The men's still rings competition was an inaugural event at the Artistic Gymnastics World Championships. It was not held in 1905 and 1907.
The men's vault competition at the Artistic Gymnastics World Championships was first contested in 1934. It has been held in every year since its inception.
The men's parallel bars competition was an inaugural event at the Artistic Gymnastics World Championships. It has been held in every year since its inception.
The men's horizontal bar competition was an inaugural event at the Artistic Gymnastics World Championships. It has been held in every year since its inception.
The Artistic Gymnastics World Cup is a competition series for artistic gymnastics sanctioned by the Fédération Internationale de Gymnastique (FIG). It is one of the few tournaments in artistic gymnastics officially organized by FIG, as well as the World Championships and the gymnastics competitions at the Olympic Games and the Youth Olympics. Beginning in the 2017-2020 quadrennium, the All-Around and Individual Apparatus World Cup series will be used to qualify a maximum of seven spots to the Olympic Games.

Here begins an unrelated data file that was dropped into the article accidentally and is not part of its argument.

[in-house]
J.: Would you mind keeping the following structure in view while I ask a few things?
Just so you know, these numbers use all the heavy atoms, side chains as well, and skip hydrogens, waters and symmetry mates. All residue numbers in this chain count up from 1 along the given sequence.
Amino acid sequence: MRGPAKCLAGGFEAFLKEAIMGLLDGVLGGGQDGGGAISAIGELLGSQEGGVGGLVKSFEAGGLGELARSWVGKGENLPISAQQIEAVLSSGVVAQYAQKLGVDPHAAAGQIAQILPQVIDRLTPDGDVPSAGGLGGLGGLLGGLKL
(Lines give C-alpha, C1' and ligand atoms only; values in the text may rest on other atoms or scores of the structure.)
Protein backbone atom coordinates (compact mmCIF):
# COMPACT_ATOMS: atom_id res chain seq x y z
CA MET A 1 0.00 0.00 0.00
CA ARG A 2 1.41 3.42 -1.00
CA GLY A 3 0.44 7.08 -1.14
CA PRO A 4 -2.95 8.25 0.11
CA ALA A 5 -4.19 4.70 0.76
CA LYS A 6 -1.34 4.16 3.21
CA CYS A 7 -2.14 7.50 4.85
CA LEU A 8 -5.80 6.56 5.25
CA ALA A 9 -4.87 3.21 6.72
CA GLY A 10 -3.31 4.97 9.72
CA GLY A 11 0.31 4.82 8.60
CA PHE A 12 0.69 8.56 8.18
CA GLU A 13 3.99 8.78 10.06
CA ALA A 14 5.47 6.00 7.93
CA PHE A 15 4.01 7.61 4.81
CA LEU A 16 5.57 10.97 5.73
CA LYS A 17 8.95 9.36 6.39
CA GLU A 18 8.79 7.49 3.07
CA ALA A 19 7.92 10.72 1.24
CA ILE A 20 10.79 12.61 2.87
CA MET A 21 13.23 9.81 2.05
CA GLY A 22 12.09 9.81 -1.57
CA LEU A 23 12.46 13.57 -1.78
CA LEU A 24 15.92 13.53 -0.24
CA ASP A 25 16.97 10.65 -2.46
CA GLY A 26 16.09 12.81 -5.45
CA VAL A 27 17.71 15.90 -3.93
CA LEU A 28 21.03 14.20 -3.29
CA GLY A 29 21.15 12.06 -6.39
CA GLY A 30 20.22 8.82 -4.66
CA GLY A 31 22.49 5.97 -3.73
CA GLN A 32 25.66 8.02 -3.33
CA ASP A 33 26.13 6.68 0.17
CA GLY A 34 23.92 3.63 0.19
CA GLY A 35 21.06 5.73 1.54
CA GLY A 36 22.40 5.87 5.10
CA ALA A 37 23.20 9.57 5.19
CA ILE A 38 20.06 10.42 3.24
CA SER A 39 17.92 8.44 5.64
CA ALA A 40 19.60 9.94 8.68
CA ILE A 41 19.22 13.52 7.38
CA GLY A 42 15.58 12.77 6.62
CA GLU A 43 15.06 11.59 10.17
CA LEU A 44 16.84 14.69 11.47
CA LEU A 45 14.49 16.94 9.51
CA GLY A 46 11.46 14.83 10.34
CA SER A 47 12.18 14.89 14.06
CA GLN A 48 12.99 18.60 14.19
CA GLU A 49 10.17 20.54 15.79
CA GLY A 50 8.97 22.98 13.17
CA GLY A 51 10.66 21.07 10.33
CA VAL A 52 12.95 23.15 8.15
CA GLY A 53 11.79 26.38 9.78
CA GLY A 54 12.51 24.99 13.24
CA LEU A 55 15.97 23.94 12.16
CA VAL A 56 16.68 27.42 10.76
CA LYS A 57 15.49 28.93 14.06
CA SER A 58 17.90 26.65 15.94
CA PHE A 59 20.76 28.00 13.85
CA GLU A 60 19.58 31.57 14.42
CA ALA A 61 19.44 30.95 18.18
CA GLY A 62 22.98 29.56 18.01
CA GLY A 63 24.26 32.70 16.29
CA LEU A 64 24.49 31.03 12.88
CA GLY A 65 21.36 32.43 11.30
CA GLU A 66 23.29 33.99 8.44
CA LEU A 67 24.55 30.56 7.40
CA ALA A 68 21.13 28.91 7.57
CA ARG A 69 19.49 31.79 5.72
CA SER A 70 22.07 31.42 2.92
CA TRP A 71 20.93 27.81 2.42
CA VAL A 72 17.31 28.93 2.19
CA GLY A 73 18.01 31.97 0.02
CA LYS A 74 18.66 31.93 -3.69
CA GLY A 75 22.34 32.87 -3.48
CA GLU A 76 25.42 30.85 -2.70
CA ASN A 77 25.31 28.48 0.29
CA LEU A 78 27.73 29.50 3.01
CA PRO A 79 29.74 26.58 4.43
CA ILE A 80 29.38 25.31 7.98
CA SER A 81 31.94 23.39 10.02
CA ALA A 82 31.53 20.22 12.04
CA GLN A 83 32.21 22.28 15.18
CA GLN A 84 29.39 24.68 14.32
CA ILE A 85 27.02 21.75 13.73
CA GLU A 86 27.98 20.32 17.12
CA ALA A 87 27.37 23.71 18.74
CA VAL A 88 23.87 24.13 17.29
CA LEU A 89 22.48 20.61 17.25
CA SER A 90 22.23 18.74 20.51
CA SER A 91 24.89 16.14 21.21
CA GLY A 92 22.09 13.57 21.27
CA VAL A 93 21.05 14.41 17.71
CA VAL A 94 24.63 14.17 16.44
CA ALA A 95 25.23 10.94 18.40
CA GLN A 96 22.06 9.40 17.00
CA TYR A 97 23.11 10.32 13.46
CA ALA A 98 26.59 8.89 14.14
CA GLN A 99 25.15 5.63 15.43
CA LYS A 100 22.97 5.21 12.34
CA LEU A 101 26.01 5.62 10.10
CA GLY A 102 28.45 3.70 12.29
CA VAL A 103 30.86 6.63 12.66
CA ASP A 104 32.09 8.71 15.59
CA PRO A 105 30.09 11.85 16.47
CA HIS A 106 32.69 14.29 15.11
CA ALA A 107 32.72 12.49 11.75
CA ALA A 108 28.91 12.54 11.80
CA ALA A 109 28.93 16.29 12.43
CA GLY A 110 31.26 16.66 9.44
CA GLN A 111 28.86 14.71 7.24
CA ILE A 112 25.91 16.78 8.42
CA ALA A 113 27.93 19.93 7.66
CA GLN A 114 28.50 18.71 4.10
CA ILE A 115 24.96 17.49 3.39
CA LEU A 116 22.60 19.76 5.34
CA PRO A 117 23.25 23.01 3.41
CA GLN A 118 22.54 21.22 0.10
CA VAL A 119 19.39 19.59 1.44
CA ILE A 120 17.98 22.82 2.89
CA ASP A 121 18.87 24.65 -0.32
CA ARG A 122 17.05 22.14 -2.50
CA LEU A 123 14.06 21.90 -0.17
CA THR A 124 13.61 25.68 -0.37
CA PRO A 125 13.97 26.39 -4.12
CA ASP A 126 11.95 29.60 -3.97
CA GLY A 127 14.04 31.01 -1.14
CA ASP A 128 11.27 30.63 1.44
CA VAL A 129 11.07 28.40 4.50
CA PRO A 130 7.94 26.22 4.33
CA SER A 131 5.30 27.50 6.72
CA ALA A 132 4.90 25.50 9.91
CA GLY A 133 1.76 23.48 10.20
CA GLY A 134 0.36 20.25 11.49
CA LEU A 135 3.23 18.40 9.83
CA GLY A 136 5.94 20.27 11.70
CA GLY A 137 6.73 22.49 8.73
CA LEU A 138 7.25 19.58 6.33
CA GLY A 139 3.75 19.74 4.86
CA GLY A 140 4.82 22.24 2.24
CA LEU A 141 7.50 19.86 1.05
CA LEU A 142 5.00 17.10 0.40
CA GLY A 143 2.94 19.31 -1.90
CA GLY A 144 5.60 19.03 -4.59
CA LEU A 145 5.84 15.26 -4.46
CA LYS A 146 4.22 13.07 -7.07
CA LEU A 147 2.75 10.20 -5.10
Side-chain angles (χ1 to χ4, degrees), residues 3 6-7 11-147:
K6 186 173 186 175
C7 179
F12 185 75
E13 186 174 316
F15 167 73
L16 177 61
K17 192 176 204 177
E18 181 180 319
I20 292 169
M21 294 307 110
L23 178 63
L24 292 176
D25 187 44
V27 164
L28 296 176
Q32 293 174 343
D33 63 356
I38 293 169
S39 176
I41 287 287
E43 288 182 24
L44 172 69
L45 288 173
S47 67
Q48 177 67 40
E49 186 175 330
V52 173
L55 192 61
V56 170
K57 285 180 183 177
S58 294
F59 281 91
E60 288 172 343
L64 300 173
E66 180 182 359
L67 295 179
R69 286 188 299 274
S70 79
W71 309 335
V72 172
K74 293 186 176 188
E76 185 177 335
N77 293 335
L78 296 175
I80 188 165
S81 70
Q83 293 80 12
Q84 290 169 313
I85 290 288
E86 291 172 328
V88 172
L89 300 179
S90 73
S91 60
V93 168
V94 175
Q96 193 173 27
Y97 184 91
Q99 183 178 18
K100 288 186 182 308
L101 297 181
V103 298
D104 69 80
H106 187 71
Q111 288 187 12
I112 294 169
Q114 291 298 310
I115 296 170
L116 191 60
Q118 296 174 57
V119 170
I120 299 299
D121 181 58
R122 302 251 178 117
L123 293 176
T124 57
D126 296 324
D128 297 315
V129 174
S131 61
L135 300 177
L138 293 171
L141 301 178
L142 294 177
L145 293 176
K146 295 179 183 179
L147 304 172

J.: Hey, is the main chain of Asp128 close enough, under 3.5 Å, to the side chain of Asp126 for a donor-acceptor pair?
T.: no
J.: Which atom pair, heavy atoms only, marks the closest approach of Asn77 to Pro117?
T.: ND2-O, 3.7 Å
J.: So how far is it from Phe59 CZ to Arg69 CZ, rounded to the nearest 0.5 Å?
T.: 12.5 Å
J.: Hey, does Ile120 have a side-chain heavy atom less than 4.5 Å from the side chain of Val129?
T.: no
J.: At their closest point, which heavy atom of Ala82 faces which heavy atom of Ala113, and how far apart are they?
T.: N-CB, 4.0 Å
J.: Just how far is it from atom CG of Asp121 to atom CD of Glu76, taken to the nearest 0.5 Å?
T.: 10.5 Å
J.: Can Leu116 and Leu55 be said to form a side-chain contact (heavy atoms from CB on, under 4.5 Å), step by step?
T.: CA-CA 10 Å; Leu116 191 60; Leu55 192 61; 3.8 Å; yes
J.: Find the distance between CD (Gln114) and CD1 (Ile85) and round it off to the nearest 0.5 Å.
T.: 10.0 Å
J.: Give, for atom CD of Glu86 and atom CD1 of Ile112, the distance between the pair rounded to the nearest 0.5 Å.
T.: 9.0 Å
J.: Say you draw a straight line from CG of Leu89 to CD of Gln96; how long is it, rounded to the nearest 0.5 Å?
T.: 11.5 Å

The 4th Artistic Gymnastics World Championships were held in Luxembourg, in 1909.
The 5th Artistic Gymnastics World Championships were held in Turin, Italy, in 1911.
Gymnastics at the 2016 Summer Olympics in Rio de Janeiro was held in three categories: artistic gymnastics, rhythmic gymnastics and trampolining. All gymnastics events were staged at the Arena Olímpica do Rio from 6 to 21 August 2016.
The 31st Trampoline Gymnastics World Championships was held at the Stadium Arena Fyn in Odense, Denmark, from November 25–28, 2015. This event was the first qualifying round for the 2016 Olympics which was held in Rio de Janeiro. The top 8 men and women automatically earned their nation quota places for the Olympics, subject to a maximum of two quota places per nation. A further 16 of each sex will get a second chance to earn a quota place at the Rio de Janeiro test event in April 2016 for a further five spots.
The 2017 Artistic Gymnastics World Championships was the forty-seventh edition of the Artistic Gymnastics World Championships. The competition was held from October 2–8, 2017, at the Olympic Stadium in Montreal, Quebec, Canada.
FIG World Cup refers to a number of events organized by the International Gymnastics Federation (FIG) across seven competitive gymnastics disciplines: 1) acrobatic gymnastics, 2) aerobic gymnastics, 3) men's artistic gymnastics, 4) women's artistic gymnastics, 5) women's rhythmic gymnastics, 6) trampoline and tumbling, and 7) parkour.
The 32nd Trampoline Gymnastics World Championships were held in Sofia, Bulgaria, from November 9–12, 2017.